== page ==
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Harvey has moved on, and now we begin to pick up the pieces.

It’s been said that Harvey passing was only the end of the beginning, and that is right. For churches here in the Houston area, the race ahead is a marathon, not a sprint. Houston has months and months of recovery in store, and our local churches have an opportunity to serve and proclaim. It will not do for relief efforts to be faddish. In the immediacy of a moment such as this, with media pointing a spotlight, volunteering seems reasonable. Packing up donations is just what we are supposed to do. But soon, as it always does, the media’s gaze will turn away for this city so desperately trying to rebuild itself. This will happen long before the work is done. Something else will grab our national attention, and then the spotlight moves on.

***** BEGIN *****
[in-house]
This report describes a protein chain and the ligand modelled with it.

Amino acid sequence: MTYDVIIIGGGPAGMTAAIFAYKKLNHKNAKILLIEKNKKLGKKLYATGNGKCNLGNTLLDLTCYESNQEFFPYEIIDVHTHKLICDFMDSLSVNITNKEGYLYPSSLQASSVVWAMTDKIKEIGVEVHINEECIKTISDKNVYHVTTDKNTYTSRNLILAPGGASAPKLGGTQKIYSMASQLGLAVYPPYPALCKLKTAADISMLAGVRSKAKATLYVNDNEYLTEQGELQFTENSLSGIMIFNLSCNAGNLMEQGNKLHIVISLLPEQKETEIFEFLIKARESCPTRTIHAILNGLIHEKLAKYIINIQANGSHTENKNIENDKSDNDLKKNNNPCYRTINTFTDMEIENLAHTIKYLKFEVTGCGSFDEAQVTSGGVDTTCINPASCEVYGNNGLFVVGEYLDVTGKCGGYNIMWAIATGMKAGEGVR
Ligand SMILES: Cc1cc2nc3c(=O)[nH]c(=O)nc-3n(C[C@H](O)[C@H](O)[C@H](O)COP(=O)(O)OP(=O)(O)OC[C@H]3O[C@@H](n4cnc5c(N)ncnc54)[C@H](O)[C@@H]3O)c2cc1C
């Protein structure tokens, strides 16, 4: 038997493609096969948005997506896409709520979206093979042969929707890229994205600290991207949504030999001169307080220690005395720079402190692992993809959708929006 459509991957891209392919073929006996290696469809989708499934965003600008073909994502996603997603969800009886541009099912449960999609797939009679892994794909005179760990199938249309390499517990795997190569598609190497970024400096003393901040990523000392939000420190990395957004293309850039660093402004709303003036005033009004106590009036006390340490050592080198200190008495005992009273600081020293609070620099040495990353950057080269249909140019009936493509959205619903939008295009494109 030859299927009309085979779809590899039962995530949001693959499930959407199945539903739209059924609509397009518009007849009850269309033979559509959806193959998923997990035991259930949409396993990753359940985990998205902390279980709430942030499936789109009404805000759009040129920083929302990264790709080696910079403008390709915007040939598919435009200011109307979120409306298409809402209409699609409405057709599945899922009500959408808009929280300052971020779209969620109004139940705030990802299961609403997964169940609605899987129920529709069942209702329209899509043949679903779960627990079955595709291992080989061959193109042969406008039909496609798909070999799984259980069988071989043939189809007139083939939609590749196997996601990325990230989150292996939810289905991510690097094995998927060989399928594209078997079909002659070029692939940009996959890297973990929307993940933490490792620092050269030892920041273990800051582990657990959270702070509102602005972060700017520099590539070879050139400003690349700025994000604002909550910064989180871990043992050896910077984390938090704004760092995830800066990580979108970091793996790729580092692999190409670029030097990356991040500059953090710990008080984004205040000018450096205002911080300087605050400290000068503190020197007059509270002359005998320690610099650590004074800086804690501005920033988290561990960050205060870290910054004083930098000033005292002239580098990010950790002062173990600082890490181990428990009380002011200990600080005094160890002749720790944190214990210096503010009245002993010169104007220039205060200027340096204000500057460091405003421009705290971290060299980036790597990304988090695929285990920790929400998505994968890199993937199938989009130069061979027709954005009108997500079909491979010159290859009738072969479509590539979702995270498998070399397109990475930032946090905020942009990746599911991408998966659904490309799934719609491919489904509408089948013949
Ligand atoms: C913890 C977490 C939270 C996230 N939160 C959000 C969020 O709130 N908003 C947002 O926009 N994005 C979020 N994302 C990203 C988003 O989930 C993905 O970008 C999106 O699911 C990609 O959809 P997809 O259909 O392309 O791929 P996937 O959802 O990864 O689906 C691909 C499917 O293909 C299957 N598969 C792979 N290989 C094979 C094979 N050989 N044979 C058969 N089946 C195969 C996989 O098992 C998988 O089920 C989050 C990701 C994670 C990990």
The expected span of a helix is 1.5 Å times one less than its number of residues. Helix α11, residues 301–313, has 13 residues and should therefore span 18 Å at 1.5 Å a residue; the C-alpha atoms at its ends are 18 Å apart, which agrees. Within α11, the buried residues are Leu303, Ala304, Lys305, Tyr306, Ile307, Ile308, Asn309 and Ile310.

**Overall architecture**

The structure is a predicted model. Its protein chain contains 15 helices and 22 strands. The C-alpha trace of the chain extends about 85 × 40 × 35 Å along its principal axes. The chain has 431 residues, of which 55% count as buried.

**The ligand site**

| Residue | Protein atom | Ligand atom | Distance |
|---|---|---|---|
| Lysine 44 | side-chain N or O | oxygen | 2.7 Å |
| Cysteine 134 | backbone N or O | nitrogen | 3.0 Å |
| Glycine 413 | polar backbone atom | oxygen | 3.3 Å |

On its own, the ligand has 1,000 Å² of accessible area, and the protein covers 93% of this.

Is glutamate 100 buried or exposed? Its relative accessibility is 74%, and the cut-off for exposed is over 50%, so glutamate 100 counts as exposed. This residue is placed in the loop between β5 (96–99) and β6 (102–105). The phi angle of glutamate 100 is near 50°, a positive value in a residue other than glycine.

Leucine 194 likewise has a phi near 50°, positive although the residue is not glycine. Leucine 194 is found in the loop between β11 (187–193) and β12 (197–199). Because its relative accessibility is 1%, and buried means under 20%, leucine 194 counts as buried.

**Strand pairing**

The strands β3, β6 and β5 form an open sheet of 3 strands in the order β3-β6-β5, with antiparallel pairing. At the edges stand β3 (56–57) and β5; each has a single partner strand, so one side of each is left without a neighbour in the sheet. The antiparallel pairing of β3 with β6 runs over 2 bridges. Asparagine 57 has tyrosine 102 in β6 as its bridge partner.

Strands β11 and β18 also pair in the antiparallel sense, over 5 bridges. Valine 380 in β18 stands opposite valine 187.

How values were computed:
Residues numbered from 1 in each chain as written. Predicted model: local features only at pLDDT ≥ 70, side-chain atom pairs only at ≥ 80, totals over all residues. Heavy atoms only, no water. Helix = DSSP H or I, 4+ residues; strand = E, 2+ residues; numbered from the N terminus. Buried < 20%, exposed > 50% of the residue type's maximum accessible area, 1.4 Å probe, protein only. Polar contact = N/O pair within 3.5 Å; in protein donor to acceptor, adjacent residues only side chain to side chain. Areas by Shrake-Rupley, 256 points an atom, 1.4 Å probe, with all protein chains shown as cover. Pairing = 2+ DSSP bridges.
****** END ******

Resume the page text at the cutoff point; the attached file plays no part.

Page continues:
But the attention of our local churches cannot move with it.

Right now, we all feel like we want to do something, and we should as we can. I am encouraged by the swell of effort I see from our local churches here. Many are taking donations, serving as shelters, and already trying to aid neighbors in cleaning up. But the real test of our churches, our gospel communities in this city, will be the longstanding service to our neighbors when people are no longer watching.

Regarding our mission as local churches, I want to direct your attention to an article published today by the International Mission Board. In one sense, it is a shameless plug, because it was written by my wife. However, the article is practical concerning the missionary implications of Harvey, and it would do well for all of our local churches here (and in similar situations) to read and take note.

You can read it here:

What My Experience with Hurricane Harvey Taught Me about Missions